Katsushika Hokusai (葛飾北斎)

Hokusai KATSUSHIKA (c. October 31, 1760 - May 10, 1849) was a painter of Ukiyoe (Japanese woodblock prints) who flourished in the Edo period, a recent time in Japan, and was a representative figure of the late Edo period, Bunka and Bunsei eras (Kasei culture).

His major works were "Fugaku sanju rokkei" (Thirty-six views of Mount Fuji) and "Hokusai Manga" (Hokusai's sketches), and he was a famed throughout the world as a painter.

Summary

He drew shinrabansho (all things in nature, the whole of creation) and many other things, and published more than 30,000 works in his life. He was outstanding not only in terms of his woodcuts but also in his original drawings.

Additionally, he made a great contribution to the spread of painting techniques and education for common people by producing innovation in yomihon (books for reading) and sashie (illustration), publishing many picture books such as "Hokusai Manga" and showing his ability in the depiction of forms with hair brushes.

He founded the Katsushika school and later had an influence not only on Western impressionist artists such as Vincent VAN GOGH but also craftsmen and musicians.

His great achievement is highly evaluated, especially abroad, and he was the only Japanese who was ranked among 'the world 100 people who made one of the most important achievements in this 1,000 years' in "Life," a U.S. magazine, in 1999.

Biography and Timeline

In c. October 31, 1760

He was born a son of Sadayoshi (定義), a poor farmer, at Honjo Warigesui, Katsushika County, Musashi Province (Honjo Warigesui in Edo, now a part of the present Sumida Ward, Tokyo Prefecture; refer also to 'Hokusai Street'.)
His childhood name was Tokitaro. Later, he changed the name to Tetsuzo.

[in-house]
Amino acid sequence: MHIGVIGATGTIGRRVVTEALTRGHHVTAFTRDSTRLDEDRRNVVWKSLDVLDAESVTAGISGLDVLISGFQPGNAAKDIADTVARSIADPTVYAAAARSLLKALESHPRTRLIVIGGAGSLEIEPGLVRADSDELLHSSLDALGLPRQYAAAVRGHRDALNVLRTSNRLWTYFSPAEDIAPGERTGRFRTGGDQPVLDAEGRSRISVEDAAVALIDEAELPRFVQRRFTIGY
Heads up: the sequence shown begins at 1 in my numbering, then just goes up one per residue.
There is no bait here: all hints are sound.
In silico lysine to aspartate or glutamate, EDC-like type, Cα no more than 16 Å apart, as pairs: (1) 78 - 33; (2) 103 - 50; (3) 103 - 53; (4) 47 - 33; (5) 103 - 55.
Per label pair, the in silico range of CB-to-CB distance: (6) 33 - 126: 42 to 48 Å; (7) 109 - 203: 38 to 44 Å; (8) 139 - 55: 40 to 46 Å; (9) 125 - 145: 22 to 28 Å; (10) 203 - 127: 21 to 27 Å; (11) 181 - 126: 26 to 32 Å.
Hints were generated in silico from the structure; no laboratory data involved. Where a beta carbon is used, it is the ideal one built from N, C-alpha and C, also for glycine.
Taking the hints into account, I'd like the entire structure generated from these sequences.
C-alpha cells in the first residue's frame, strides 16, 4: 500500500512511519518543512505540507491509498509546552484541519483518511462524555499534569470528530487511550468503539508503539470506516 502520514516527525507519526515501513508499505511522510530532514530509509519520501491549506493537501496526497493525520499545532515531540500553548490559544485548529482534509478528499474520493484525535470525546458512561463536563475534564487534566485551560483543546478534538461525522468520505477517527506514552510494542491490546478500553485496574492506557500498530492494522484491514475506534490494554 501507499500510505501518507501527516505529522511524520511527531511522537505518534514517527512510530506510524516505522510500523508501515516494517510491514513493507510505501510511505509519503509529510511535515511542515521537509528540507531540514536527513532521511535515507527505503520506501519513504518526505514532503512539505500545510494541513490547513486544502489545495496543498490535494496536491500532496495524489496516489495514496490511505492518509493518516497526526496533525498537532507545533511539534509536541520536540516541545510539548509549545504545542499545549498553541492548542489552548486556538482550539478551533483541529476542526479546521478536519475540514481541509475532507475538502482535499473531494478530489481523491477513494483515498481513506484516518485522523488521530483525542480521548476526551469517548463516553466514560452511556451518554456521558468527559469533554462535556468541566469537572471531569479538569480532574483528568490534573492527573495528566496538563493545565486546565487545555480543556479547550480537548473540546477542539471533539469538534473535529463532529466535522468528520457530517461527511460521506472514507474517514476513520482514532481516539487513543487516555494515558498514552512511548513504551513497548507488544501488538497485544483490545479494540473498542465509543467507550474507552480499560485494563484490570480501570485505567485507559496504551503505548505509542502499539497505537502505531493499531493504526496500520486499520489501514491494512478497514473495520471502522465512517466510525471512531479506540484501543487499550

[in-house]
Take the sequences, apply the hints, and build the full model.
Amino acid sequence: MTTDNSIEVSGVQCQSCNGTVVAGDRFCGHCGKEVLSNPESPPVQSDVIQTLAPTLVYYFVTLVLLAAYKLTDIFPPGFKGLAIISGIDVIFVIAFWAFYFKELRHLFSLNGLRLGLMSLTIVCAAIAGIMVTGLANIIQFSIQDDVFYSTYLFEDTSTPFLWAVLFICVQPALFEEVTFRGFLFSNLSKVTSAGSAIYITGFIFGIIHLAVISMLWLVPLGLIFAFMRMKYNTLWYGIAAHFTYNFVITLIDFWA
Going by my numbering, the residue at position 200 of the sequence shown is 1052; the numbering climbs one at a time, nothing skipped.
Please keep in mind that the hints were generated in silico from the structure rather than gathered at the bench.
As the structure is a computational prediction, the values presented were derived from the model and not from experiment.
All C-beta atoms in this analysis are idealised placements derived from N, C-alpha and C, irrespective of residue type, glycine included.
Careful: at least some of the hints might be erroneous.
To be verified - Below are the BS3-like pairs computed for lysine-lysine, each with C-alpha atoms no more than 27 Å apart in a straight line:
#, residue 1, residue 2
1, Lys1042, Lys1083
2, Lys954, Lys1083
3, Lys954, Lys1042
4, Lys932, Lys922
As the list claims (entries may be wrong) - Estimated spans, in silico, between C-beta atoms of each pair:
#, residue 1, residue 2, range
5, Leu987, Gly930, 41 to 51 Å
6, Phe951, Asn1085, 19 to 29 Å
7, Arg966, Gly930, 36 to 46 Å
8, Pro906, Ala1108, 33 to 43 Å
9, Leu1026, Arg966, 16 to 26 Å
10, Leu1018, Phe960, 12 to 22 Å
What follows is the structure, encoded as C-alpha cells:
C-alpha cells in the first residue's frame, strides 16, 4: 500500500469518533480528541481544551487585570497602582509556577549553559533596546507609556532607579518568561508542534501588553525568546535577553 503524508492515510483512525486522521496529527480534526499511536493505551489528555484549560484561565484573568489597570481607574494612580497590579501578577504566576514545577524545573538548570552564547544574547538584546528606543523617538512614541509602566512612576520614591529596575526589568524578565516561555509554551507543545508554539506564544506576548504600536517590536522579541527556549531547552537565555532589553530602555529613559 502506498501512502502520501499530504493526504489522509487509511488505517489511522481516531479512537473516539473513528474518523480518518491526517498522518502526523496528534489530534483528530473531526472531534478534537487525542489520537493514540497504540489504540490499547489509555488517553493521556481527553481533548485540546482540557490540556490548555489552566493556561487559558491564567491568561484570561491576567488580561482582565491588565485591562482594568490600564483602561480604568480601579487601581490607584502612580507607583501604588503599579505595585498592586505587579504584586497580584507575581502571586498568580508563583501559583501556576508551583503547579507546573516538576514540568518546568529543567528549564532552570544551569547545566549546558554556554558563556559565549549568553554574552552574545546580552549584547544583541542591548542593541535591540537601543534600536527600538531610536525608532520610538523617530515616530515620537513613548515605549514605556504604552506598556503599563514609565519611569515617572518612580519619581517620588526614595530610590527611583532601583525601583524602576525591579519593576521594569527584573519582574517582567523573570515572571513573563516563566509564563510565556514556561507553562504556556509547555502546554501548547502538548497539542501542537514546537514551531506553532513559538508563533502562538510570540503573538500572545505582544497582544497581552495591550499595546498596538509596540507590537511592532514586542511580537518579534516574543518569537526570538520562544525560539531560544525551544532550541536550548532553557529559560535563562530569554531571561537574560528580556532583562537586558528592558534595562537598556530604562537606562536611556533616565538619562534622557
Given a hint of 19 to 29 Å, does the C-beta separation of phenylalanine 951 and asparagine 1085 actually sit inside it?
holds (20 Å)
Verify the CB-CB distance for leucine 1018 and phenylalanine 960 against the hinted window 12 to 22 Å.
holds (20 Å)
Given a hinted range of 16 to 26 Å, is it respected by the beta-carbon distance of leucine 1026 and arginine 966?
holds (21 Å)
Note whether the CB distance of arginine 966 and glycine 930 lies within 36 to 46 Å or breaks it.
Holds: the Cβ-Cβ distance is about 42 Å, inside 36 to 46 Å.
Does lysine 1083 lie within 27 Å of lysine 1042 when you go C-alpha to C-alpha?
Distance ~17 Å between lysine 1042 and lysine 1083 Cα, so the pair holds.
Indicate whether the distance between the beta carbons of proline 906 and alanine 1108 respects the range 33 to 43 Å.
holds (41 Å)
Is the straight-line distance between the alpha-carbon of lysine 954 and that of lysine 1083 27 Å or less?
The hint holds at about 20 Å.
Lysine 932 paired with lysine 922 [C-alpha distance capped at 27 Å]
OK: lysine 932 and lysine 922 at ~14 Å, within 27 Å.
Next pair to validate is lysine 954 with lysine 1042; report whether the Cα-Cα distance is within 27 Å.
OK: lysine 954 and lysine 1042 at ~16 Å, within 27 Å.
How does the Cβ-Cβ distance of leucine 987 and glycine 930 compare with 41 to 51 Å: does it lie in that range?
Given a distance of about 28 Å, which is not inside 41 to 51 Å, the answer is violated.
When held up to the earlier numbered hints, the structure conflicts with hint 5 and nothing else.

In 1764

In his childhood, he was adopted as a son by Ise NAKAJIMA, an artist of bronze mirrors of the shogunate's official business, but later Nakajima transferred the family estate to his real son, so Hokusai left the Nakajima family. Subsequently, he experienced hardships as an apprentice of a book-lending shop and a disciple of a sculptor of woodblocks, and thus returned to his family home.

In 1778

He became a disciple of Shunsho KATSUKAWA, a Ukiyoe artist. He learned every method of painting such as the Kano school, Kara-e painting and Western painting, and drew many Ukiyoe landscapes. Around this time, he used the go (byname) of 'Shunro,' which originated from each letter of his master's name Shunsho and his other go, Kyokurosei.

In 1779

He was excommunicated by the Katsukawa school. It is said that this was because he was at odds with Haruyoshi, the oldest senior apprentice, or because he had secretly learned the Kano school's brushwork, but the truth isn't known.

In 1795, he used the go of 'Hokusai Sori.'

In 1798

He gave the go of 'Sori' to his disciple Soji and began to use the go of 'Hokusai,' 'Kako' and 'Tokimasa.'

In 1802, he began the publication of a kyoka (comic tanka) picture book, "Ehon Azuma Asobi."

In 1805, he began using the go 'Hokusai KATSUSHIKA' (as to the orthographic style, refer to the introduction).

In 1810, he used the go 'Taito.'

In 1814, he published the first edition of "Hokusai Manga."

In 1820

He used the go of 'Iitsu.'
He began producing the first edition of "Fugaku sanju rokkei" in 1823, started publishing it in 1831 and concluded in 1833.

In 1834

He used the go of 'Gakyo Rojin' and 'Manji.'
He began the production of "Fugaku hyakkei (A Hundred Views of Mt. Fuji)."

In 1844

He traveled to Obuse Town, Takai County, Shinano Province, and stayed there until 1848. He drew "Angry Waves" (the picture at right is a portion of it) and so on (an original drawing at Obuse in Shinshu).